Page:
Astute observers of the AP Top 25 noted a new name in at No. 24 this week, as the Western Michigan Broncos earned their first ranking in program history after starting the season 6-0. Western Michigan pulled off two early road wins against Big Ten opponents (the Big Ten West might as well just add WMU for this season) and has also won its first two MAC games so far.
Given its relatively weak strength of schedule — the Broncos face only one team ranked higher than 85th, according to S&P+ rankings — an undefeated season is possible for the kids in Kalamazoo. ESPN’s FPI metric indicates Western Michigan has a 43 percent chance at an undefeated season, the best among any FBS team.
A big part of Western Michigan’s rebuild can be credited to their coach, the easily excitable P.J. Fleck.
WMU had only attended (and lost) four bowl games in its pre-Fleck history. The Broncos have now gone to two in a row and won last year’s Bahamas Bowl.
“Row the Boat” is the mantra Fleck uses to describe “how [the] whole program will fit together.” Having a creative slogan seems to fit some of his more bizarre moments, including taking the Polar Plunge, employing his best Horse Whisperer tactics, and running along the sidelines as one of his players took a kickoff return back for a touchdown.
He once even announced that a walk-on would be receiving a scholarship with the help of Sylvester Stallone.
To Fleck, the philosophy keeps players heading in the right direction. He suggests that people who do otherwise are “headed toward Turdville.”
His personality is a big part of the reason WMU’s recruiting has dominated its conference and much of mid-majordom. Over the last two years, WMU has averaged a 247Sports Composite finish of 75th out of 128 FBS teams, just shy of several Power 5 teams. The Broncos’ 2017 class currently ranks No. 48.
Whatever it is Fleck has been using to motivate his players has definitely been working.
The Broncos have averaged 44.8 points per game, tied for sixth-best in the country. Their average margin of victory is 19.4 points per game, No. 10 among all FBS teams.
According to their advanced statistical profile, the Broncos’ strengths are offensive efficiency, a great passing game, and a disruptive defensive line.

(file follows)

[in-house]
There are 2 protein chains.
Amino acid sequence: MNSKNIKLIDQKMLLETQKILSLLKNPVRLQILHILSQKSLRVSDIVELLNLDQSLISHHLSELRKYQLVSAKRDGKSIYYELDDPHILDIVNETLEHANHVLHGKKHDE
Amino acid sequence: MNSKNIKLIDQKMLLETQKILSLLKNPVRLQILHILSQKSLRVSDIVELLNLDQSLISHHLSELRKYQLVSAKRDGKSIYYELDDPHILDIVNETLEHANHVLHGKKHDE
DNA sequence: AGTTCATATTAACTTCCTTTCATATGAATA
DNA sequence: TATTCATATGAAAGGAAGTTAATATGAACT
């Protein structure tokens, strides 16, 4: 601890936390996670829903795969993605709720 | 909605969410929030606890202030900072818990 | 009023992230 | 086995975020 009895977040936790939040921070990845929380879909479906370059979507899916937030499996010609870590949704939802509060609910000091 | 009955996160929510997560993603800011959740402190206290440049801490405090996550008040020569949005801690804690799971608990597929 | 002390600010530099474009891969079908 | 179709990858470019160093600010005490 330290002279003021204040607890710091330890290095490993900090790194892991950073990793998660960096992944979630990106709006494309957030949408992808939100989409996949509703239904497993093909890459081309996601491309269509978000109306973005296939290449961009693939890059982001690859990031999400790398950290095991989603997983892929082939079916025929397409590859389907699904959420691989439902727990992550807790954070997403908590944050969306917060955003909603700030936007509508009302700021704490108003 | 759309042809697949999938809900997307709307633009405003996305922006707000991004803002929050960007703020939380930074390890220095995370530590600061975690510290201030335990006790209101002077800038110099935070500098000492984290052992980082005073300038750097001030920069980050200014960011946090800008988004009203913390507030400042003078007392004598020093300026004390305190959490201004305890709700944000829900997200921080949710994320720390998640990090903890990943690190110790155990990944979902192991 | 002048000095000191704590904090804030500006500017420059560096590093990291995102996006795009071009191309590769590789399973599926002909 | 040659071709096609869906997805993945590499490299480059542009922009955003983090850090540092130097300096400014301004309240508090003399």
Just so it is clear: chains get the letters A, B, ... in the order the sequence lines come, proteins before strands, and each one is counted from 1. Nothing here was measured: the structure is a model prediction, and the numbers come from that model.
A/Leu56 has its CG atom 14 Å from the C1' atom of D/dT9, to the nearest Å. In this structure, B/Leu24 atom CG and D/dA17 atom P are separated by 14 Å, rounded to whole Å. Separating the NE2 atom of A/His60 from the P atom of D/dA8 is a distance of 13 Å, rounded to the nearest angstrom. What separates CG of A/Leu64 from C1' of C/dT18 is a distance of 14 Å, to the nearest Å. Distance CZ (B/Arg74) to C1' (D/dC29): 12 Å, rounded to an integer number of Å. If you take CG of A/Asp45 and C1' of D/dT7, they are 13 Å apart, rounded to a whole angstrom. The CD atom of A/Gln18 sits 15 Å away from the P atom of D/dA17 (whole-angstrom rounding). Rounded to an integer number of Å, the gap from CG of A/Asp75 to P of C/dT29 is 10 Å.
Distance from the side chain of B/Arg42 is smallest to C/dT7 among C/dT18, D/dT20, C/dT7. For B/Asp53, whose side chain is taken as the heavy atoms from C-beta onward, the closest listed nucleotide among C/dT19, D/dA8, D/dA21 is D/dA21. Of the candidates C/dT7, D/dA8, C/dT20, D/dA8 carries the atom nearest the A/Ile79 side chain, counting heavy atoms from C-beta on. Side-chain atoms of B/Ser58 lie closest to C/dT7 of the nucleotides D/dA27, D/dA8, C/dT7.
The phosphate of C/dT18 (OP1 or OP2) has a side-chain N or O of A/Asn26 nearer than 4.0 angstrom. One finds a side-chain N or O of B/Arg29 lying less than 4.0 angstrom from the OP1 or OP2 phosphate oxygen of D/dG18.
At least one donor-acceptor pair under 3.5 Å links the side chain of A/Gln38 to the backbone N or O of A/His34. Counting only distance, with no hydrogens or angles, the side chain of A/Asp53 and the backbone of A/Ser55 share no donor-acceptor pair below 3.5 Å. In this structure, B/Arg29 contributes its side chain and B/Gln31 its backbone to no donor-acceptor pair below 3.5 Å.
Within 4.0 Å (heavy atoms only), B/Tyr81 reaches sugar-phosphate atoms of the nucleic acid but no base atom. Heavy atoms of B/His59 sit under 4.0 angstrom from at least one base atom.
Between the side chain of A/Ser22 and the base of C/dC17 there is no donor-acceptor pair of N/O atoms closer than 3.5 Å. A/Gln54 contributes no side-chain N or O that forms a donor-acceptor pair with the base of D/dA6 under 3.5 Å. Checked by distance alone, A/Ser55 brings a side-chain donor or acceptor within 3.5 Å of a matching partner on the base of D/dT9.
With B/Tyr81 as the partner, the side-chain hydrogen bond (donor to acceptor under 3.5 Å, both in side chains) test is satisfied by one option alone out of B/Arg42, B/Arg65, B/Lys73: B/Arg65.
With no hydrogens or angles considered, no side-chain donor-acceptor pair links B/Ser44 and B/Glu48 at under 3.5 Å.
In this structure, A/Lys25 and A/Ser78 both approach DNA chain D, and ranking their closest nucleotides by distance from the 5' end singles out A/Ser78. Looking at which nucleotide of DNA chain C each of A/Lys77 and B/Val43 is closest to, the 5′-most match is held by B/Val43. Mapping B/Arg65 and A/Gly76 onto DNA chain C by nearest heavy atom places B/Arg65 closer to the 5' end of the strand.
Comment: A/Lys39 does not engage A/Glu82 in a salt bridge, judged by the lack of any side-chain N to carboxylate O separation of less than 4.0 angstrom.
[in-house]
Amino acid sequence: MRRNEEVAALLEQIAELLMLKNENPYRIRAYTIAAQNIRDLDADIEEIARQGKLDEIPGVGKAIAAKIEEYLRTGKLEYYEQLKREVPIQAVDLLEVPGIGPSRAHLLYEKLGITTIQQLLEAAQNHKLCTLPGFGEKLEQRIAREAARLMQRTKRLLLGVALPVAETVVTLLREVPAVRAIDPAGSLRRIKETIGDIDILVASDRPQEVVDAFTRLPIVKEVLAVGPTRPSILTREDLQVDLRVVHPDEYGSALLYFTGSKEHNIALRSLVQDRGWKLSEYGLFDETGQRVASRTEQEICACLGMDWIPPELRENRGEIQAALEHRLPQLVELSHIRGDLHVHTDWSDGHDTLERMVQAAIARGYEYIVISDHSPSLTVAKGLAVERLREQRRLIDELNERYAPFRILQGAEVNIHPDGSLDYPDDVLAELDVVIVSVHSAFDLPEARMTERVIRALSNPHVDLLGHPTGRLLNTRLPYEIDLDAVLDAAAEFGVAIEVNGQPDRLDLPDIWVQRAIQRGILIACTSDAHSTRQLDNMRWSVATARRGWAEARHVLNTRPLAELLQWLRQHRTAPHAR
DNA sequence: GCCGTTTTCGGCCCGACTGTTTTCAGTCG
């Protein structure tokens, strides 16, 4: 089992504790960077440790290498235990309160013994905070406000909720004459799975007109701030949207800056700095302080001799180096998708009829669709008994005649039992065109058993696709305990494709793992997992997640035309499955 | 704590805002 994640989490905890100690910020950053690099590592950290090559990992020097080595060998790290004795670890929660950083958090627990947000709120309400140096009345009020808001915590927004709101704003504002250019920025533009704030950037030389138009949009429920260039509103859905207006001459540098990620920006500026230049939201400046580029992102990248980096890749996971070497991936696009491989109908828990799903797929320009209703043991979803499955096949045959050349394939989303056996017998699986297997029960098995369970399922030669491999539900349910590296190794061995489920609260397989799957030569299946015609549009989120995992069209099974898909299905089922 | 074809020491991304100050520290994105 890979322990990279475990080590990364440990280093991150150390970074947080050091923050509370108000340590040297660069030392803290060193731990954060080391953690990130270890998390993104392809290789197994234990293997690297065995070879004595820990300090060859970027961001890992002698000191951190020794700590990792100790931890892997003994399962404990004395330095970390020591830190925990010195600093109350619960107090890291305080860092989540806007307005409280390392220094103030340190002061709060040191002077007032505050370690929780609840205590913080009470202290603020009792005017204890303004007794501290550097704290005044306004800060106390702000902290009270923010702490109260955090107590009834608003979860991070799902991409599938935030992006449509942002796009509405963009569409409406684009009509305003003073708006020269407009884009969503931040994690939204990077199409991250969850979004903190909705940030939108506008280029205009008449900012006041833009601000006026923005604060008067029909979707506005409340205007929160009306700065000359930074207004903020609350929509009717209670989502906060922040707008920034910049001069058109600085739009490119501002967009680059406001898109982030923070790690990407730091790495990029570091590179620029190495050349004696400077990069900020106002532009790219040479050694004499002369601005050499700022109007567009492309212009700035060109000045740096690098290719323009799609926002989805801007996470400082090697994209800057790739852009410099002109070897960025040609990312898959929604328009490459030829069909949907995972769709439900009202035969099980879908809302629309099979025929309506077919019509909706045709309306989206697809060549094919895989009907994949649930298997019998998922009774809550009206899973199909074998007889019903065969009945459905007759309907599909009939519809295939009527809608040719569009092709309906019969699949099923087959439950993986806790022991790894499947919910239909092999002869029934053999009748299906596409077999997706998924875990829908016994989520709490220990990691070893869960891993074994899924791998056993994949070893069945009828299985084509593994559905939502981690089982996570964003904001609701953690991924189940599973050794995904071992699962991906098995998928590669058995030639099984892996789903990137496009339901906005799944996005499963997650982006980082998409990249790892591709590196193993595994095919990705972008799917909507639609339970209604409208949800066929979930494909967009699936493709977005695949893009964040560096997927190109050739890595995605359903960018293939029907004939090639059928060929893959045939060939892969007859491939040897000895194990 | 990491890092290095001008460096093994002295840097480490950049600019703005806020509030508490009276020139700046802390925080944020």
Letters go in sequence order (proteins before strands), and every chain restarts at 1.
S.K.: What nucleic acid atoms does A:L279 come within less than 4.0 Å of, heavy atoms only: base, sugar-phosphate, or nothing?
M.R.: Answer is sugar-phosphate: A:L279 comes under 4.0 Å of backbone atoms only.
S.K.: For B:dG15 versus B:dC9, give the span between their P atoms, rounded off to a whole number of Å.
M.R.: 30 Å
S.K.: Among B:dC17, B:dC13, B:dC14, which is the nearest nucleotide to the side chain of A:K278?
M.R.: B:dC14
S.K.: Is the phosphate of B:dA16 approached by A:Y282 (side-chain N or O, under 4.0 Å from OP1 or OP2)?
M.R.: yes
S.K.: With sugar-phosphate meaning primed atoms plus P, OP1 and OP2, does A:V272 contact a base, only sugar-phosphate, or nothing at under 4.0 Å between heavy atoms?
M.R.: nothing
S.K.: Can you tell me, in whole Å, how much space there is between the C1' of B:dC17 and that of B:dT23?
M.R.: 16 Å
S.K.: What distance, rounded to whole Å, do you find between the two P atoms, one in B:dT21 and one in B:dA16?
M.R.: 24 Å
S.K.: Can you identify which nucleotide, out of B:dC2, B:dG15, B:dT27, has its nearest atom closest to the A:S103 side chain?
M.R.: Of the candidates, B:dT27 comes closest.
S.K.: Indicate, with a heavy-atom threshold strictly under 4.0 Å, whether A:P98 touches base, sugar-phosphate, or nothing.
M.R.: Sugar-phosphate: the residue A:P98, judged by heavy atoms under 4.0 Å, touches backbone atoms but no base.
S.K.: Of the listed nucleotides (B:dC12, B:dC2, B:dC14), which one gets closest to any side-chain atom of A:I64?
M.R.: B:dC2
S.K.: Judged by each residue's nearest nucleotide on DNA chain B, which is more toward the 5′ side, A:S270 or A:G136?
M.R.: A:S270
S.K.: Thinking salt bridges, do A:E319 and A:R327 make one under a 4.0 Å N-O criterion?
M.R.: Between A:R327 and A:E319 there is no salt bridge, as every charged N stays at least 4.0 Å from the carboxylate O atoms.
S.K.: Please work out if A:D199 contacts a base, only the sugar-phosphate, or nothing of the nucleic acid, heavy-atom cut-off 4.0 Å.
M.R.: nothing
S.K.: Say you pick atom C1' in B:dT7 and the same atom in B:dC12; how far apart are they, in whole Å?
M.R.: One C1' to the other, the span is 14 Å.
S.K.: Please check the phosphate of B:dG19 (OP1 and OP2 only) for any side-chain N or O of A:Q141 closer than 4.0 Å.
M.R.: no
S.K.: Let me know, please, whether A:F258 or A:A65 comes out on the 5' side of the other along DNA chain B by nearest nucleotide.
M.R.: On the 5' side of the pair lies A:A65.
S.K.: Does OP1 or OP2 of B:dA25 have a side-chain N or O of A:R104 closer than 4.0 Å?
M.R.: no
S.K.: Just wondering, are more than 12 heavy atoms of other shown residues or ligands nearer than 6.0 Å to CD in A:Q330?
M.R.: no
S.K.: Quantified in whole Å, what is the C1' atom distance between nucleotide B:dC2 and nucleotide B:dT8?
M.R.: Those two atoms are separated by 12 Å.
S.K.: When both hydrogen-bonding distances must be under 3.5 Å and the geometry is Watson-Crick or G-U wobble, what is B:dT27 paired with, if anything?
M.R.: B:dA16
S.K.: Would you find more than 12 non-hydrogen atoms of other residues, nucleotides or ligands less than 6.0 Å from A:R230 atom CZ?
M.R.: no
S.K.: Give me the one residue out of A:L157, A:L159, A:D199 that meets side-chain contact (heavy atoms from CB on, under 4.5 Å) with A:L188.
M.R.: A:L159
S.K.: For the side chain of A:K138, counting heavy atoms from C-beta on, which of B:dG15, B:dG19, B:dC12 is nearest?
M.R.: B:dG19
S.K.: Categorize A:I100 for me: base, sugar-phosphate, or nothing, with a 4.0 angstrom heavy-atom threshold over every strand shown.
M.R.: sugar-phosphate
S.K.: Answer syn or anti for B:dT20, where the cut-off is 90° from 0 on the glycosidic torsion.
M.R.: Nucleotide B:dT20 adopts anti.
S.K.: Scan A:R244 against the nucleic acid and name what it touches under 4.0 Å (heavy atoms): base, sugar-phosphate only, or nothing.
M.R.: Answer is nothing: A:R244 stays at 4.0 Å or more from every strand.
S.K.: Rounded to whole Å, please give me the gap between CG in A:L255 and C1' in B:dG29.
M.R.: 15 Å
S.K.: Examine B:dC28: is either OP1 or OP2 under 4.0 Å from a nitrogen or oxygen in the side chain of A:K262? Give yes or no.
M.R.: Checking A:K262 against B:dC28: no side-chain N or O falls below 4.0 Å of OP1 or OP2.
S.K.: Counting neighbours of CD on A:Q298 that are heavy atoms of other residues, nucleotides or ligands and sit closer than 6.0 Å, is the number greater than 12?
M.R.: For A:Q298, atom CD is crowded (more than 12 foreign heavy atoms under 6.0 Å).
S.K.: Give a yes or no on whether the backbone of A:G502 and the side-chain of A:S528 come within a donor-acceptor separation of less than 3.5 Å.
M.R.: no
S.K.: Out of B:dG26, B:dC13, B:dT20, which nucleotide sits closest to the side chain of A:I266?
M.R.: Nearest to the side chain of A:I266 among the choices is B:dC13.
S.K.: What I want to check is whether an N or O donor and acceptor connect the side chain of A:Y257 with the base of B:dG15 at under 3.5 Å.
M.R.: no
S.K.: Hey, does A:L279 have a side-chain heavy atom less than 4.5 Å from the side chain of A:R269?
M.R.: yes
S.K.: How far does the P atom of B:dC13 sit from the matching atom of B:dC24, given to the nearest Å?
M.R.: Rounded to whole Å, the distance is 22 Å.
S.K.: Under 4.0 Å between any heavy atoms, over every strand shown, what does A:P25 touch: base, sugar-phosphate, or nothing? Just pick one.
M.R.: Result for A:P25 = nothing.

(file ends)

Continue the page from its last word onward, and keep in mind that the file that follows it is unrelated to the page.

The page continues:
Their 478.5 yards per game ranks 29th, and their advanced metrics profile isn’t quite so compelling, as their S&P+ metric, which gauges how a team should be expected to perform, ranks just 61st.
Nevertheless, given the low quality of their MAC (and Big Ten) opponents, Western Michigan might just have a sufficiently high-powered offense to run the table and finish the regular season undefeated. The running back combo of junior Jarvion Franklin and sophomore Jamauri Bogan have both topped 500 rushing yards and scored five touchdowns on the ground this season. Senior quarterback Zach Terrell has nearly 1,400 passing yards, 15 touchdowns, and no interceptions this season.
And star WR Corey Davis can do stuff like this:
.@WMU_Football's Corey Davis with one of the best catches you will see all night. https://t.co/a24iJeJ8Ba— CBS Sports Network (@CBSSportsNet) October 9, 2016
Now, could we see Western Michigan earn the guaranteed slot for one of the Group of Five teams in the New Year’s Six bowl games?
There are a couple of obstacles the Broncos will have to row their boat around first. Assuming they beat their next five opponents, all of whom have S&P+ rankings of 85th or worse, the Broncos would have to beat arguably the only other good team in the MAC, Toledo, in the regular-season finale. If they win, they would have to also win the MAC Championship vs. a likely weaker opponent.
Not even a 13-0 record, however, would guarantee a New Year’s Six berth. An undefeated Boise State, a one-loss Houston, which would have wins over Louisville and Oklahoma, or even another American Athletic Conference champion could earn the nod over Western Michigan.
The Broncos’ postseason fate may remain uncertain, but the program’s first-ever top-25 ranking is as strong a case as ever that they are rowing their boat in the right direction.